In almost every religion, there are certain practices that often come into conflict with the secular laws of the land but, because of religious sensitivities, legal intervention is rare, especially if ethnic minorities are involved.
But in the first case of its kind in Britain, hailed as a refreshing break with too much political correctness, a British Pakistani Shia Muslim has been convicted of child cruelty after he forced his two minor sons aged 13 and 15 to flog themselves with zanjeer zani, an instrument with sharp curved blades, as part of a ceremony to mark Muharram, the martyrdom of Imam Hussein, the grandson of Prophet Mohammed.
The boys, who cannot be named for legal reasons, suffered deep cuts and multiple lacerations on their backs.
Shia Muslims observe Muharram by beating their chests and flagellating themselves with chains and other sharp instruments until blood starts to ooze out. They believe that the more pain they inflict on themselves the more sincere is their grief. It is of a piece with the idea of penance, sacrifice and devotion found in other major religions of the world.
However, the practice, which is more common in South Asia, has no religious sanction, according to Islamic scholars.
“It has no basis in basic Islamic sources and is almost unique among South Asian shias,” said one expert of Islamic law.
During his trial, Syed Mustafa Zaidi, a 44-year-old warehouse supervisor from Lancashire, claimed that what he did was in accordance with his religion.
“This is a part of our religion,” he told the court denying that he had anything wrong.
He said it was “it was an emotional time and the children were happy.”
“No one forced anyone,” he claimed but the younger boy insisted that his father put pressure on them.
“We said ‘we don’t want to do it,’” he told the jury adding that Zaidi kept “pulling” and “pushing” his elder brother after he refused to beat himself any more.
He said his father insisted: “Keep doing it.”
A jury at the Manchester Crown Court found Mr. Zaidi guilty of two counts of child cruelty and he will be sentenced soon. The Crown Prosecution Service made clear that the prosecution of Mr. Zaidi was “not an attack upon the practices or ceremonies of Shia Muslims” ; and happily there has been no negative reaction from the Muslim community: a sign that Muslims living in the West are slowly starting to recognise the limits on religious tolerance in a secular society. In fact, Mr. Zaidi himself acknowledged that had he known that his actions were illegal he would “never have done it” and fellow Shias actively cooperated with the police in their investigations. He might have got away with it if, in the name of misplaced shia solidarity, they had chosen not to cooperate with the police. Indeed, the CPS made a point of acknowledging the community’s cooperation saying that it “relied as part of its evidence upon the president of the local shia community centre” who had apparently warned Zia that forcing minor children to flog themselves was not permitted.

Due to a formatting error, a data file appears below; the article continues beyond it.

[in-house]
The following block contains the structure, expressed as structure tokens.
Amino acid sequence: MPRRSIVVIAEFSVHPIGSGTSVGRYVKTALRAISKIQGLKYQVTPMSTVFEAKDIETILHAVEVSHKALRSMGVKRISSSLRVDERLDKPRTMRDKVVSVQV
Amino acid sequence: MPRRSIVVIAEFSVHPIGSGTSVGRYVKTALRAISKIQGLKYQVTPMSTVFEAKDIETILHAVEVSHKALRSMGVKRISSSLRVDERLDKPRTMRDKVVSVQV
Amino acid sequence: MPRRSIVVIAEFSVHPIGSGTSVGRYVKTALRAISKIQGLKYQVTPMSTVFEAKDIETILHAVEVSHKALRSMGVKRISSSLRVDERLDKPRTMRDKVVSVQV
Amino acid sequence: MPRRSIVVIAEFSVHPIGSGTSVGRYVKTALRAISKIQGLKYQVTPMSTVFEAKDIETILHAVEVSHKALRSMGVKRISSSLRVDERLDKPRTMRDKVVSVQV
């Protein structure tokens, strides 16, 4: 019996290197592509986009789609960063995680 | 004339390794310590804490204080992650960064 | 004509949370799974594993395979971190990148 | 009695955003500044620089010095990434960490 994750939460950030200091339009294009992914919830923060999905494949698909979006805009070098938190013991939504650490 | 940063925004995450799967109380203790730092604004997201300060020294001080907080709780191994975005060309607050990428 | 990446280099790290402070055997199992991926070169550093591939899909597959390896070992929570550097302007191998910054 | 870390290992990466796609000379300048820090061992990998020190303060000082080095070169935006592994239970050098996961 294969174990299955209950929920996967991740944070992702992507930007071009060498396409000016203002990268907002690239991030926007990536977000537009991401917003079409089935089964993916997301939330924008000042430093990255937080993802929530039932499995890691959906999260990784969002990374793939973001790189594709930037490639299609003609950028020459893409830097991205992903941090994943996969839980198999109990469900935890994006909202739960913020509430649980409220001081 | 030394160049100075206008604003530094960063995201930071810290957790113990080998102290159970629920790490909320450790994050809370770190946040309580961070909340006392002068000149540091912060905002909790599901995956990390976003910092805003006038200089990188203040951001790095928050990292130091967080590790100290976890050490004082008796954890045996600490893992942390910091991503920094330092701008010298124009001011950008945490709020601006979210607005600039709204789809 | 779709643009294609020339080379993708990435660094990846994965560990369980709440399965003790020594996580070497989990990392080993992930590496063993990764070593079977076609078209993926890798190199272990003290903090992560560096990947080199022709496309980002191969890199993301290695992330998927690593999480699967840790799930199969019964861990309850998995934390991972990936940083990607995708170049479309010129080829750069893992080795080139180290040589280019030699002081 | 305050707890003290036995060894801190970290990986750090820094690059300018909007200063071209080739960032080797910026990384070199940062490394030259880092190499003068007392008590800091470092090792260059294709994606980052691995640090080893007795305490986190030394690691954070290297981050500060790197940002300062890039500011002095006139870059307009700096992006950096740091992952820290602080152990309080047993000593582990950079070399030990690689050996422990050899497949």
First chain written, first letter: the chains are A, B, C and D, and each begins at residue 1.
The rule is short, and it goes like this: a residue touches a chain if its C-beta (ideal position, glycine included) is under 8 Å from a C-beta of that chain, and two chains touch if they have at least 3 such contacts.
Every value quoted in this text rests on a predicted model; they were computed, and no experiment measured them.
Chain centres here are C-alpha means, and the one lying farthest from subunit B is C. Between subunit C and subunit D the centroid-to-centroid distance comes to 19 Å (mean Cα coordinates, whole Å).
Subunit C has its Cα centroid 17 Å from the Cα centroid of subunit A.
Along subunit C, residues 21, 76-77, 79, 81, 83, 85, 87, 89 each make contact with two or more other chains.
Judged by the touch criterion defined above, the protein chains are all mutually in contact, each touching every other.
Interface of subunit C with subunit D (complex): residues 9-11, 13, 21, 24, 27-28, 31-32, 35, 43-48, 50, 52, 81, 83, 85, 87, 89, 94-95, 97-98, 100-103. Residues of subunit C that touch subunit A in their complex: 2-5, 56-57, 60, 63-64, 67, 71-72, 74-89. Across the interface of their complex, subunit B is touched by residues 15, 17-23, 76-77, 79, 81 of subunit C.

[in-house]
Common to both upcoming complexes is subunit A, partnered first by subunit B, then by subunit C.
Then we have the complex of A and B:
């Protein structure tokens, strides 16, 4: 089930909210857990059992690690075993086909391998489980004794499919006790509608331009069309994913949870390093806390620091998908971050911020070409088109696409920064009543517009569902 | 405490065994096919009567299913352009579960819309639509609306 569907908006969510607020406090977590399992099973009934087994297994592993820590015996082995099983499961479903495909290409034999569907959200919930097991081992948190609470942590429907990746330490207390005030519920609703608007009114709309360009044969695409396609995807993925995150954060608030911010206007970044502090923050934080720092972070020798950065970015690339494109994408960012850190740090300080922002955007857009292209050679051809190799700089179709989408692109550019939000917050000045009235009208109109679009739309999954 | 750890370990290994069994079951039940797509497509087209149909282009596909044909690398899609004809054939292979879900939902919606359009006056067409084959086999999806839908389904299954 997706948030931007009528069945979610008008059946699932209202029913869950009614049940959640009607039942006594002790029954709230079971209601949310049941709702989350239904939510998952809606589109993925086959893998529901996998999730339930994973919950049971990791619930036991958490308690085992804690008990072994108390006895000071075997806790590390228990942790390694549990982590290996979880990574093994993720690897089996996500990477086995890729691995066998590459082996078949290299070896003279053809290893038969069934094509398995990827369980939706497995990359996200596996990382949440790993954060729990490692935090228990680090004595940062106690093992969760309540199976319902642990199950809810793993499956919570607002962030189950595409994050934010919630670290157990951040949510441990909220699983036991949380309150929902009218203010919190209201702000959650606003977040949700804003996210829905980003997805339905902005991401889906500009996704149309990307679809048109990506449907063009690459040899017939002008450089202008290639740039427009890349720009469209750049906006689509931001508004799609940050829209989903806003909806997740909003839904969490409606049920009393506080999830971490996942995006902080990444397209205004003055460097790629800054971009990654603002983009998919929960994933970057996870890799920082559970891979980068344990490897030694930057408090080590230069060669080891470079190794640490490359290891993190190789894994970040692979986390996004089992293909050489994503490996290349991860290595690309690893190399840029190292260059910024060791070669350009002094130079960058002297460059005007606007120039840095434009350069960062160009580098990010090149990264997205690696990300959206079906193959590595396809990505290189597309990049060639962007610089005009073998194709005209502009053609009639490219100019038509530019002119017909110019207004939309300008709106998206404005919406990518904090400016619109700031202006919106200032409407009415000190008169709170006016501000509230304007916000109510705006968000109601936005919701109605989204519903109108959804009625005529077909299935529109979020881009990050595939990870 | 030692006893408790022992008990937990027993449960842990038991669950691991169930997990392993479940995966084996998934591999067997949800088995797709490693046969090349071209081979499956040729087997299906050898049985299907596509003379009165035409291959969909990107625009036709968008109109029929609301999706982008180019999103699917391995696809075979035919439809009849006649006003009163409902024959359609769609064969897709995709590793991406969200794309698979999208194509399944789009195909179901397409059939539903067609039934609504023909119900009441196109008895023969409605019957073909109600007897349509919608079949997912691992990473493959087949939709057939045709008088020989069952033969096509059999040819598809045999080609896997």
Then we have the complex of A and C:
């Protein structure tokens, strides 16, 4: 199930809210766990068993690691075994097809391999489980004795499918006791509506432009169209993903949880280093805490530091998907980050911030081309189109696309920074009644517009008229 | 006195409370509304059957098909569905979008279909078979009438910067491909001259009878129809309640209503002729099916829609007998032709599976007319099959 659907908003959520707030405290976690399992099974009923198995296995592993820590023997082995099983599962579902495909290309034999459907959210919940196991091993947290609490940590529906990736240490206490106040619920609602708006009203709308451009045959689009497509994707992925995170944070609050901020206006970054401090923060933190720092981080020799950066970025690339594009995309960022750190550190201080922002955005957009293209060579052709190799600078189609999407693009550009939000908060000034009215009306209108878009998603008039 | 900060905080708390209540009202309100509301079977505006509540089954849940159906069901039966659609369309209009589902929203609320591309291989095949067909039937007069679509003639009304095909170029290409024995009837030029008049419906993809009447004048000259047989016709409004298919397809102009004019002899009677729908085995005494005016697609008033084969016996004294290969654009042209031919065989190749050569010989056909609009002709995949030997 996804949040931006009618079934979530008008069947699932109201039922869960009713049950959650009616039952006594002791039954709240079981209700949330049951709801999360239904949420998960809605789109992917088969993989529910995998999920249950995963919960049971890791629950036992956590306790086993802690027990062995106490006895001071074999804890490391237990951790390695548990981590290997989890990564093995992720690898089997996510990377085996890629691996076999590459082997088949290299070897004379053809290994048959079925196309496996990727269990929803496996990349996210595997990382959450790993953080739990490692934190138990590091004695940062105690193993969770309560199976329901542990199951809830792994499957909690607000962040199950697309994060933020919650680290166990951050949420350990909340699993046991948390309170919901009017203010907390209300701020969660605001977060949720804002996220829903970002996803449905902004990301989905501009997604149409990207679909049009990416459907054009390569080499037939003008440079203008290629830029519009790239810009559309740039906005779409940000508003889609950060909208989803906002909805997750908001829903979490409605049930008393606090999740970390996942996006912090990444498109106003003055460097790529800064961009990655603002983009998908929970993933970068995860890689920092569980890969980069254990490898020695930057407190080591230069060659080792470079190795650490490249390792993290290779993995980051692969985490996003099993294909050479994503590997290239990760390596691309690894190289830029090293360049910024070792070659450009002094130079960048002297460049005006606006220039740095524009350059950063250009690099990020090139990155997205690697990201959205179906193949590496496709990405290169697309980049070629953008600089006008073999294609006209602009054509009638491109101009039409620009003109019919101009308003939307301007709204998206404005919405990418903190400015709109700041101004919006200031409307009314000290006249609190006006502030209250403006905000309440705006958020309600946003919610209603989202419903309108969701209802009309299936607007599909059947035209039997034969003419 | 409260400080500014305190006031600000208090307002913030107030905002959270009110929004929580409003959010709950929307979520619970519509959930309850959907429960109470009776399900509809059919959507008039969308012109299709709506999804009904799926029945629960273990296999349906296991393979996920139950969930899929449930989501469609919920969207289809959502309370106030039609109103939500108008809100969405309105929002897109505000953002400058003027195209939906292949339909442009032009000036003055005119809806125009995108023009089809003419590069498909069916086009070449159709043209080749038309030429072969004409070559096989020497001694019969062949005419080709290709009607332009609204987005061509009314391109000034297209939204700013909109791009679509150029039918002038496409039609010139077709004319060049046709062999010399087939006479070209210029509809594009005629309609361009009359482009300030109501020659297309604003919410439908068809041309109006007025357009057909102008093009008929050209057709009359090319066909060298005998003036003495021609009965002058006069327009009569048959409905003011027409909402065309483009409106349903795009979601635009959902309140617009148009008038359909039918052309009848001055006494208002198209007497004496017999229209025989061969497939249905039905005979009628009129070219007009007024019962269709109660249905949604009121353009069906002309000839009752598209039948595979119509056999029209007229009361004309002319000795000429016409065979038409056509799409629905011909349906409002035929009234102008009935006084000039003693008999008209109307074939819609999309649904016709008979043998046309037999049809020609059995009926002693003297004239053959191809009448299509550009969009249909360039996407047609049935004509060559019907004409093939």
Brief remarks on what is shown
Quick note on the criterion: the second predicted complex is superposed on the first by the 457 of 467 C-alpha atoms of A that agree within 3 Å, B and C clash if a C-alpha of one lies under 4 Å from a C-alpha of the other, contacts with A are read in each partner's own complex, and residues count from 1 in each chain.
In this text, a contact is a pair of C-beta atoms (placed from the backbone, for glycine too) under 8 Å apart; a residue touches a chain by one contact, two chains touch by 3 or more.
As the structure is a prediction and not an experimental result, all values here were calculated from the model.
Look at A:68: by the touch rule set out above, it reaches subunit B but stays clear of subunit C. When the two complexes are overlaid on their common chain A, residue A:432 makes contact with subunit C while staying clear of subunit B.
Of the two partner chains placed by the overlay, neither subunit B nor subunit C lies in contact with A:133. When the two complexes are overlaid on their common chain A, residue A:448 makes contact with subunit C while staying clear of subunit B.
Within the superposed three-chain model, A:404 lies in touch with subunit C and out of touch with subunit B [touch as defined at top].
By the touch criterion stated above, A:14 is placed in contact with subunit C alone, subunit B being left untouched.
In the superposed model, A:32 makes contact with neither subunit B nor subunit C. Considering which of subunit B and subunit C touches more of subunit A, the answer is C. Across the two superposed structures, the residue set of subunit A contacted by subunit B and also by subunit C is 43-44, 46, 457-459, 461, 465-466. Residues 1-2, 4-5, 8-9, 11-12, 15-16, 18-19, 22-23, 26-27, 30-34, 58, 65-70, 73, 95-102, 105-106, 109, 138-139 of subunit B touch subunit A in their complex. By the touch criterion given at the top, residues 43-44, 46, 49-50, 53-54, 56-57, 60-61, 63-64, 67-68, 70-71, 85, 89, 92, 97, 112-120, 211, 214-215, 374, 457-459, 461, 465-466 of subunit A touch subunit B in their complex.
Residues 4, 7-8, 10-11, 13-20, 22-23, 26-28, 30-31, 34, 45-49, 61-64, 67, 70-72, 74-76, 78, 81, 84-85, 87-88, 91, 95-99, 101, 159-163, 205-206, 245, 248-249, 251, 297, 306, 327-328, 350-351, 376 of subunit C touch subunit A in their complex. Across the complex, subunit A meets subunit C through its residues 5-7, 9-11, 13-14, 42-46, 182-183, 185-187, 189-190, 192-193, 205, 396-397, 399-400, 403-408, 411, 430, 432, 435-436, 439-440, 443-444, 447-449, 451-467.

The case, which attracted widespread media attention, has implications for other religious groups and is expected to lead to more prosecutions against those who have tended to get away with cruel practices in the name of religion.
“This [verdict] says that there have to be some absolute boundaries across which people cannot step whether for religious reasons or some other,” Julia Thomas, a legal specialist in children affairs told The Times as the verdict sparked calls for a crackdown on female circumcision , common among some African communities, though it is illegal.
The ordinary Britons who comprised the jury at the Manchester Crown Court deserve to be saluted for having the courage to bell the cat, finally.
* * *Television tales
First, the grumble was that the British television industry, especially the BBC, was “hideously white, male and middle class,” to recall the words of one of its director-generals. The latest is that television is the “worst” place to be in if you are white, male and middle class.
A war of words has broken out in Britain’s broadcasting circles after one of the BBC’s biggest stars Jeremy Paxman, who is reportedly paid more than a million pounds a year for fronting its prestigious current affairs programme Newsnight and the University Challenge quiz show, complained that women were taking over the BBC and other TV channels.
“The worst thing you can be in this industry is a middle-class white male. If any middle-class white male I come across says he wants to enter television, I say: “give up all hope.” They’ve no chance,” he said speaking at the Edinburgh International Television Festival recently.
He then named a few of the country’s top flight women broadcasters as evidence of the alleged bias against white middle class males. “Do I think it’s [television] a man’s world? That’s the most ridiculous question I’ve been asked all week,” he said responding to a question.
His remarks provoked fury among women and non-white male broadcasters.
“Jeremy names five women because he couldn’t possibly name all the men in positions of power in television because he would have been there all day,” retorted Mariella Frostrup, a former BBC host.
“He talks about middle-class men as a beleaguered species, but excuse me …it seems to me that television is a fantastic place to be for middle-class white men,” she said.
Krishnan Guru-Murthy, who reads Channel 4 News and is one of the few high-profile non-white male broadcasters, pointed out that the people who really faced the “biggest struggle to make it into television” were those from working class backgrounds and ethnic minorities.
Meanwhile, the “war” continues…
7 months ago